National Museum of American Jewish History

Courtesy of the Bernstein family

As a 16-year-old “musical theatre kid,” I’ve always linked the name Leonard Bernstein with West Side Story, and those familiar songs that never fail to bring a smile to my face, from "America" to "Somewhere." I love them all.

Gift of Henny Durmashkin Gurko, Museum of Jewish Heritage, NY

A 29-year-old Leonard Bernstein stands next to Holocaust survivors—members of the Ex-Concentration Camp Orchestra. They’re at a displaced persons camp in Germany in May 1948, four years after their liberation from the Nazi death camps. 

Al Ravenna, courtesy of The Library of Congress

What did “faith” mean to Leonard Bernstein? Although to many his name is synonymous with music, he described his life’s work as a search for a solution to the 20th-century crisis of faith. 

Composer, jazz trumpeter, and community activist Hannibal Lokumbe, the Philadelphia Orchestra's Composer-in-Residence, has composed two intriguing works for string quartet that explore the lives of two heroic women, Anne Frank and Fannie Lou Hamer.  Check out the performances by Philadelphia Orchestra musicians on Saturday, February 25th at the African American Museum in Philadelphia and the National Museum of American Jewish History.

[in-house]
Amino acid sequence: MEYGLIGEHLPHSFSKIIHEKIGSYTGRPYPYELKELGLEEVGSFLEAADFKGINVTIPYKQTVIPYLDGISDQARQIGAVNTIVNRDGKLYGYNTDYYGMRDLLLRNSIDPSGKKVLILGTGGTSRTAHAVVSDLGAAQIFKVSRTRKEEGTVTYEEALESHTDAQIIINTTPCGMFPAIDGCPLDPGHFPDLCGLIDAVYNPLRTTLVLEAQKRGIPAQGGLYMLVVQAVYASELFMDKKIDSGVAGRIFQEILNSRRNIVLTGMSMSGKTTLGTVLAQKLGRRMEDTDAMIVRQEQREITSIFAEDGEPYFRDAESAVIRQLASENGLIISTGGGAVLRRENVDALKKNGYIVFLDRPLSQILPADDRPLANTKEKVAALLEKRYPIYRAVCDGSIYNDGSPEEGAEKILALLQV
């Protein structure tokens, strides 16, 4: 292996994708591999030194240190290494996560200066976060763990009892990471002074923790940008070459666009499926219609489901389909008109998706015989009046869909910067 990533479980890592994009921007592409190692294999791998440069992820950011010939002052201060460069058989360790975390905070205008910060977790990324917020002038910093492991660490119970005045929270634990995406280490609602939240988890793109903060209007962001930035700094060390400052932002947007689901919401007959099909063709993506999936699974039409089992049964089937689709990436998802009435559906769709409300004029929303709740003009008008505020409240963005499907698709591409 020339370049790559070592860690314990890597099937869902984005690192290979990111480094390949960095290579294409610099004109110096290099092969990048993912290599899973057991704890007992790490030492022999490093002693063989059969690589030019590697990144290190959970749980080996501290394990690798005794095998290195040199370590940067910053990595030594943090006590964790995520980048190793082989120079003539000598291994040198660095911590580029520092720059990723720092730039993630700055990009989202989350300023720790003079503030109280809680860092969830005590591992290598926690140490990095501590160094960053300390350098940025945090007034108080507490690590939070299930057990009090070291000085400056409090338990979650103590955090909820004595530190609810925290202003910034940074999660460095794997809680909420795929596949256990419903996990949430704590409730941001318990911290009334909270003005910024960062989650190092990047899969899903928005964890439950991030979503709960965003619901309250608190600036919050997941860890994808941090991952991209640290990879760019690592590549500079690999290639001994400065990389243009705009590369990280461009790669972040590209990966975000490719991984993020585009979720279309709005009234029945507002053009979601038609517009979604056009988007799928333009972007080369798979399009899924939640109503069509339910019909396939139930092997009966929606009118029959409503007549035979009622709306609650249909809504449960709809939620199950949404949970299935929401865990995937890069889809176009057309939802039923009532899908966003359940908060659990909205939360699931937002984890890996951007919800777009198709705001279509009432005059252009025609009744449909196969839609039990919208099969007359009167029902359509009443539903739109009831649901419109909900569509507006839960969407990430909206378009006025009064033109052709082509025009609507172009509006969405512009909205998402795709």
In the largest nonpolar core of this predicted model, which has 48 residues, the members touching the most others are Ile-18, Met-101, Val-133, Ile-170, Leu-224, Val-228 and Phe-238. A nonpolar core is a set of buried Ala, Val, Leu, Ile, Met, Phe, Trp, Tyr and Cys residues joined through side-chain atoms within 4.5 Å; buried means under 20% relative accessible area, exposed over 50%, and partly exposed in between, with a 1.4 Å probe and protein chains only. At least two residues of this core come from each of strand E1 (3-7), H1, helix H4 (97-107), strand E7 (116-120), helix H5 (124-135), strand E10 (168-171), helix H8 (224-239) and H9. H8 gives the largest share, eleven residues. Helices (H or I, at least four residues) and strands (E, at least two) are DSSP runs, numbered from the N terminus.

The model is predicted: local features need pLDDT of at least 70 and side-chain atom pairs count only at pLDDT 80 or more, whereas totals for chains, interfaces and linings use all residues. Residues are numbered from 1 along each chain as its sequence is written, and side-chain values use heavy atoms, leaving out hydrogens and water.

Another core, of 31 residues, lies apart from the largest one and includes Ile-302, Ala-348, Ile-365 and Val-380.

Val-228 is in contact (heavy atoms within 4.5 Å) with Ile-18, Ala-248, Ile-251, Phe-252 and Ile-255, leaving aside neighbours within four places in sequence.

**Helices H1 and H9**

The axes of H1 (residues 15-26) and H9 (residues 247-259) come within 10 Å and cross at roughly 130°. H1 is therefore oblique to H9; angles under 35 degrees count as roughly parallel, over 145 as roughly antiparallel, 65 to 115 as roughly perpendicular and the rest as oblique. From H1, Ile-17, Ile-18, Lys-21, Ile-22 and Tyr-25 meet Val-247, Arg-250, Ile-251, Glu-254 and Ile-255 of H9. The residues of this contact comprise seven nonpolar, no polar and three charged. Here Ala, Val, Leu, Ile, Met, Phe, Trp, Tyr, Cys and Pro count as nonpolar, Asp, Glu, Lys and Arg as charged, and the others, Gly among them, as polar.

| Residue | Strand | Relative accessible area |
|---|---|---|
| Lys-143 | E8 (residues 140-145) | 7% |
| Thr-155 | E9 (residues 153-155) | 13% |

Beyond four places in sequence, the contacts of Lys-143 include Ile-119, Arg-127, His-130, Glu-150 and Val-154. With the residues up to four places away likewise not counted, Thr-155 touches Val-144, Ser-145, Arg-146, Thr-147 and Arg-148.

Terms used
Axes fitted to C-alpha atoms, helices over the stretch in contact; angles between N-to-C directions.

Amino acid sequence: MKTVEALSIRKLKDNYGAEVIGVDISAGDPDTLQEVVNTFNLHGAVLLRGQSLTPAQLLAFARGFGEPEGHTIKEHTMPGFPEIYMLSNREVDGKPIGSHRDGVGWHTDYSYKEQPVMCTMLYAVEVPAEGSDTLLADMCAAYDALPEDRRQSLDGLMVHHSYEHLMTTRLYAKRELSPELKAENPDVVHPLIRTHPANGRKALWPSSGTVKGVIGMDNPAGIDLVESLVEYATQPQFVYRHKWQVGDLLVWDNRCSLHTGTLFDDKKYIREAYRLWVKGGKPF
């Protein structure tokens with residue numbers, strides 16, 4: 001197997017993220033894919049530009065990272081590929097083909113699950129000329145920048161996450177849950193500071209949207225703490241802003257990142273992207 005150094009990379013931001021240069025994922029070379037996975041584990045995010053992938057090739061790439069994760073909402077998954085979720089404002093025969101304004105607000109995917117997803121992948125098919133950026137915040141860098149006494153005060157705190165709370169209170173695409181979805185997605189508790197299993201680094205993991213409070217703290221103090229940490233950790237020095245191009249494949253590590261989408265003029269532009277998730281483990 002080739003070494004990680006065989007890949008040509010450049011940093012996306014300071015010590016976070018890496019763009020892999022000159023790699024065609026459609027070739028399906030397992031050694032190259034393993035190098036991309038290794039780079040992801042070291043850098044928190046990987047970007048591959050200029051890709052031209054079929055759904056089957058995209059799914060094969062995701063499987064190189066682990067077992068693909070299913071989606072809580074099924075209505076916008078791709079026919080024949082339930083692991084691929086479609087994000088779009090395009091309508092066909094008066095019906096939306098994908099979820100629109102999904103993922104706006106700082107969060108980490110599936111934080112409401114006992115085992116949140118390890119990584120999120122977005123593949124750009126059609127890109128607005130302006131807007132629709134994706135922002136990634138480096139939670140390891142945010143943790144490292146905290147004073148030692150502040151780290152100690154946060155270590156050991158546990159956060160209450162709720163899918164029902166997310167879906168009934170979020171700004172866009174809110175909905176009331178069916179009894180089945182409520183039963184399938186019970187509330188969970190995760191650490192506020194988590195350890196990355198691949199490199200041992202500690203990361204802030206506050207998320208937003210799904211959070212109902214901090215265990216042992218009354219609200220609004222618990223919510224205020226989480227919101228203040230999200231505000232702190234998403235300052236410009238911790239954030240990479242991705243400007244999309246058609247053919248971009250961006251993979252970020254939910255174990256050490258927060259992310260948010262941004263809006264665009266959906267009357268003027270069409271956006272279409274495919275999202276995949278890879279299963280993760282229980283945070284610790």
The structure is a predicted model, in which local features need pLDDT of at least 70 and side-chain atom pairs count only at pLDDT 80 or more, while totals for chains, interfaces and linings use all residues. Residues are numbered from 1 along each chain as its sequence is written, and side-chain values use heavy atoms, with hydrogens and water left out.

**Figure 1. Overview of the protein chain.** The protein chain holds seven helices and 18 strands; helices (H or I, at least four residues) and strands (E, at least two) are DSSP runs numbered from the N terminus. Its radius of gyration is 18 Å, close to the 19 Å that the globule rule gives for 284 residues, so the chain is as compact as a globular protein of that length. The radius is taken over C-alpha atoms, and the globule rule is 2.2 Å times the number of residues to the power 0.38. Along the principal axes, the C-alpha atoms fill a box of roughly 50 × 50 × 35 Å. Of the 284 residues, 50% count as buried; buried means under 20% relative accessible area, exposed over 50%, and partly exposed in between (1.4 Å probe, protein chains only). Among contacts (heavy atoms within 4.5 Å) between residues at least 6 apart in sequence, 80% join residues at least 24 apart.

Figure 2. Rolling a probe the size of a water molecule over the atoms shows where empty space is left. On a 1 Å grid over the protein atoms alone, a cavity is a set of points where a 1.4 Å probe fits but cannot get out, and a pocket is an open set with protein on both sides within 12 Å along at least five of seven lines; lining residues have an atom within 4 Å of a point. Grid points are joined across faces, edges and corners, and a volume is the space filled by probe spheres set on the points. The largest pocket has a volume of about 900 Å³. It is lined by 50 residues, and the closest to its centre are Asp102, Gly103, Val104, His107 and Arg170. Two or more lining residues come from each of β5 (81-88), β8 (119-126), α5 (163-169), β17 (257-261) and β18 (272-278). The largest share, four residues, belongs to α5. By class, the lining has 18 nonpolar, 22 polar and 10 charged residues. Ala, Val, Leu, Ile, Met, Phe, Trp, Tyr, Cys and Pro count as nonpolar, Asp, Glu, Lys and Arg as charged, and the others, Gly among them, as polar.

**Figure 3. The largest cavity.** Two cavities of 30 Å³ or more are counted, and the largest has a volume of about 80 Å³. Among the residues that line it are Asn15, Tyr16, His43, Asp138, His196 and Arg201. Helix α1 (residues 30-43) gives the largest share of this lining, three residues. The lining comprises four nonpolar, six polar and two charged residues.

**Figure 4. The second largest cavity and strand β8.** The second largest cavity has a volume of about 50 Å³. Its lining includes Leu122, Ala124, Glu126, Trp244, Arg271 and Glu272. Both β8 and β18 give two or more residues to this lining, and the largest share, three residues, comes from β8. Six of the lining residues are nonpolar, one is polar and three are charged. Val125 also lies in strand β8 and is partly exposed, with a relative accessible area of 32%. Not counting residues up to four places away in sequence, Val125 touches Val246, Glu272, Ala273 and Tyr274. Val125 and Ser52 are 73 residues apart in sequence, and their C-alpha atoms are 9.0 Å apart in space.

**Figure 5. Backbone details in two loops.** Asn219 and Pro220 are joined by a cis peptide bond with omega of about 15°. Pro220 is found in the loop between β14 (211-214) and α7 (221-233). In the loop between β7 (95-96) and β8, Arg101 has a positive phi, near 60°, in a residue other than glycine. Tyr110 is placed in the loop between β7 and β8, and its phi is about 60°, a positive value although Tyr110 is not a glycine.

Join Jill as she interviews Dr. Josh Perelman, Deputy Director for Exhibitions, Programs and Collections, and Michael Rosenzweig, President and CEO of the National Museum of American Jewish History. They discuss the founding of the museum, the role it plays as the country's only museum dedicated exclusively to telling the still-unfolding story of Jews in America, and the importance of its status as a Smithsonian affiliate institution.